Dyson and Ann Marie Sastry Making Strides In Solid State Li-ion Battery Development
Sir James Dyson, known to housekeepers around the world as a creative problem solver, has announced that he will be investing £1 billion ($1.3 billion) to develop a premium electric car and an equal amount of money on solid state battery development. The battery effort is key to his automotive dreams, and his star player and not-so-secret weapon in the crowded field of advanced battery technology development is Ann Marie Sastry, a former professor at the University of Michigan who left in 2012 to focus on her battery startup Sakti3.
The vacuum cleaner mogul has been interested in building cleaner automobiles since at least 1998 and is investing in a serious effort that should be putting cars on the road by 2020. The primary design detail released about the car Tuesday is that it will not be a sports car. Dyson also revealed that the car project began in 2015, that it employs about 400 engineers, that its total project budget is on the order of £2.5 billion and that it is being developed in Wiltshire, where the company recently purchased a former WWII RAF base to provide room to expand its British research and development arm.
This article will focus on the battery technology development.
In addition to the technical expertise of Sastry and the portfolio of patented technology that has been developed by her Sakti3 team, there are a number of synergies that give Dyson’s privately held, family-owned corporation formidable capabilities in manufacturing lightweight, energy dense batteries.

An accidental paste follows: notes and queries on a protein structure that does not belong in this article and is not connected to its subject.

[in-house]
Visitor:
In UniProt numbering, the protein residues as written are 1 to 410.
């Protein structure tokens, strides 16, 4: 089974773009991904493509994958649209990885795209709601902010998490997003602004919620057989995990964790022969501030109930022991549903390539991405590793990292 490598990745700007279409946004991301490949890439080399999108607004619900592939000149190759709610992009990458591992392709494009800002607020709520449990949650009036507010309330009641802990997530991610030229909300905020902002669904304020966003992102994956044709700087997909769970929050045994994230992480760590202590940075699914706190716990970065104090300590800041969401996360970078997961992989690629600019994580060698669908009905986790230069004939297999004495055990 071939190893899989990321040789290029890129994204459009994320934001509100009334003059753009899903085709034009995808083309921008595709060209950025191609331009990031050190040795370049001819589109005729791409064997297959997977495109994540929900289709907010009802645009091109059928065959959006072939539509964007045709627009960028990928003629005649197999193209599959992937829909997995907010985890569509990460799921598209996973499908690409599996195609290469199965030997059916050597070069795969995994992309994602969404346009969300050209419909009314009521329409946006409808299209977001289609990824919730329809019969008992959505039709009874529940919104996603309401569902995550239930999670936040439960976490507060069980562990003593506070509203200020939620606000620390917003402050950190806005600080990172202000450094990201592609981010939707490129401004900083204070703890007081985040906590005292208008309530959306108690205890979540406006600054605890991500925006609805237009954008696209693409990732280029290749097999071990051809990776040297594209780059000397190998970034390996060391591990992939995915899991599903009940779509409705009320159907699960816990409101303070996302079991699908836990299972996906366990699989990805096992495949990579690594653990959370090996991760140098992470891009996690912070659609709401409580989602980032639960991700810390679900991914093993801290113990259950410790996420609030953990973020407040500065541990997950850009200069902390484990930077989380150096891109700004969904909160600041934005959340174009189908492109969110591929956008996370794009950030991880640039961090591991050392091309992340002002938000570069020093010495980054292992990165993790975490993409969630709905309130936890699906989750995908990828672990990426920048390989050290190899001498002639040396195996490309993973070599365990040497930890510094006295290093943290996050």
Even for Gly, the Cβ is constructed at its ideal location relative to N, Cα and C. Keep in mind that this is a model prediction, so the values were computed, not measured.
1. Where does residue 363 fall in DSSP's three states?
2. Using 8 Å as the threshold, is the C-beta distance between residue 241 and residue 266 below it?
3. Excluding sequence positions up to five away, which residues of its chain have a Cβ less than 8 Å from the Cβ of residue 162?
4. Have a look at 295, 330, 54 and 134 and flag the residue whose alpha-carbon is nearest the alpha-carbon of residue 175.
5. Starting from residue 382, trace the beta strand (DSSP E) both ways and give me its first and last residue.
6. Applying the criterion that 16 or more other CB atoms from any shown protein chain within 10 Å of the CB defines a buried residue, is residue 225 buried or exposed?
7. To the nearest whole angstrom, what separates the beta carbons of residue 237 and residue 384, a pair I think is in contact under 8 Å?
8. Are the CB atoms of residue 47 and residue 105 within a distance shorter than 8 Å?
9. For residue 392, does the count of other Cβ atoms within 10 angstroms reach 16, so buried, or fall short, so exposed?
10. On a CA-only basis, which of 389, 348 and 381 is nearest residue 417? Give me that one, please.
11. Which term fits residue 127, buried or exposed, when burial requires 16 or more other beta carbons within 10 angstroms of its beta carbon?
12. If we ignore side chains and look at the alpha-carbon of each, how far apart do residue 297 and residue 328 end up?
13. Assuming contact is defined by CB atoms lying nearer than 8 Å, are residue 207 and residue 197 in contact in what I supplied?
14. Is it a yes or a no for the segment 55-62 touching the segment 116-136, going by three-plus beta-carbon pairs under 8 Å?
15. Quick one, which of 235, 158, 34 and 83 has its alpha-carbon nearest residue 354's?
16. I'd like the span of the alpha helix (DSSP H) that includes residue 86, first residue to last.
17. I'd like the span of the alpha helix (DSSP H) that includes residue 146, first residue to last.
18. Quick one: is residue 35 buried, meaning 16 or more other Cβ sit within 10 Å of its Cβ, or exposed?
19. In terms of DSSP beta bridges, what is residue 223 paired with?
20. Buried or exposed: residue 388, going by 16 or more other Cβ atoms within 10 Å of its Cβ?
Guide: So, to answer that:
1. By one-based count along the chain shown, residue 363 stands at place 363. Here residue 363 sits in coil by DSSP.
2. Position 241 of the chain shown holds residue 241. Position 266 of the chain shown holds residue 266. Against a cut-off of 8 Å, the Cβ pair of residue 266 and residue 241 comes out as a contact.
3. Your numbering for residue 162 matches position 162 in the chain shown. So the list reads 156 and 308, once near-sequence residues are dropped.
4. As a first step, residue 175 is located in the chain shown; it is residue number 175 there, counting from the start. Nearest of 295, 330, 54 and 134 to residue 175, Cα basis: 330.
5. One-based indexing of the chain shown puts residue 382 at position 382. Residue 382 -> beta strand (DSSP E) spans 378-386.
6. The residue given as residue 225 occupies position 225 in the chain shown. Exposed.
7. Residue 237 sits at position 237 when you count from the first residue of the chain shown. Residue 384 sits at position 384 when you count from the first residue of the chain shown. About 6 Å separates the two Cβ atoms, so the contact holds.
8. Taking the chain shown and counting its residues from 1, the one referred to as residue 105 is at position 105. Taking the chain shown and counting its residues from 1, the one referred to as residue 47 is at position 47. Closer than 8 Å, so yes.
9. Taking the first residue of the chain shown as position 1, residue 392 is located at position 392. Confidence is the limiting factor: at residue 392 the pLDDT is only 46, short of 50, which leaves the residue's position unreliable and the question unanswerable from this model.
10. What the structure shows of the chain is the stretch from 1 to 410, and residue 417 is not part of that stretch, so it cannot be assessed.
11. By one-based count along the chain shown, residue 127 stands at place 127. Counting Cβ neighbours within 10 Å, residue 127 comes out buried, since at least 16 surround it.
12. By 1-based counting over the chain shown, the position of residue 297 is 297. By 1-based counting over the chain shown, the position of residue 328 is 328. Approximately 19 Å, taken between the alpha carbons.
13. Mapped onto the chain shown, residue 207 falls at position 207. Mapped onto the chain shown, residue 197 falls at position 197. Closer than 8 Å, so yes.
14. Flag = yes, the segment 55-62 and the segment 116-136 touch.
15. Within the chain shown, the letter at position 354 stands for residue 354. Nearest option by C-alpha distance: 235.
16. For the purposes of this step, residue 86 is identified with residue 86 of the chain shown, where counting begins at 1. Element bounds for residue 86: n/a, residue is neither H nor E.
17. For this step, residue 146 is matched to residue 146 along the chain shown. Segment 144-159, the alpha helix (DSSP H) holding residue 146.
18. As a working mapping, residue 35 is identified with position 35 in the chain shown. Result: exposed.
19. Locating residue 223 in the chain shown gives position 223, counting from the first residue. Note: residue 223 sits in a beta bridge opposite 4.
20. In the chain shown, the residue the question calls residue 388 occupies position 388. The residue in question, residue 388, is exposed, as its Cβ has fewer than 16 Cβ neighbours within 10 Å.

Solid State Li-ion Batteries
Sastry, who earned her PhD in Mechanical Engineering in 1994 from Cornell University, did the math and agreed with a number of other researchers in chemical battery development that the energy density of Li-ion batteries could be improved by a factor of 2-3 by replacing the liquid electrolyte with a thin film of solid material.
As a mechanical engineer, she recognized that the key to enabling the technology to serve a mass market would be focusing on improvements to the process of depositing the thin films to enable economic manufacturing on a large scale. She and Sakti3 have attracted a lot of attention from technology observers, politicians and from major investors like GM Ventures, Kholsa Ventures and Bering LLC. In March 2015, Dyson joined the other backers with a $15 million investment in Sakti3.
“Dyson is a scientist, and he reached out to us,” Sastry told Crain’s. “He’s been very good at taking new technologies and integrating them into products, and they have a very strong need for better batteries.”
By October of 2015, Dyson had learned enough about Sakti3 and its leader to buy out the rest of the investors and offer all of the employees a job with his company. Sastry remained as the president of the unit.
“Dyson is a global heavyweight but still operates in many ways like an agile startup in its technical pursuits, and particularly in the way they bet on new technology,” Sastry told Crain’s. She added: “It was a complete win-win, a profitable exit for all involved. But not just an exit, a very nice entrance for all of us into the next phase of development.”
Though Sakti3 batteries are not yet on the market as a stand-alone product, the company has announced that it has achieved an impressive energy density of 1143Wh/liter.
Are Sakti3 Batteries Already Driving Cordless Appliances?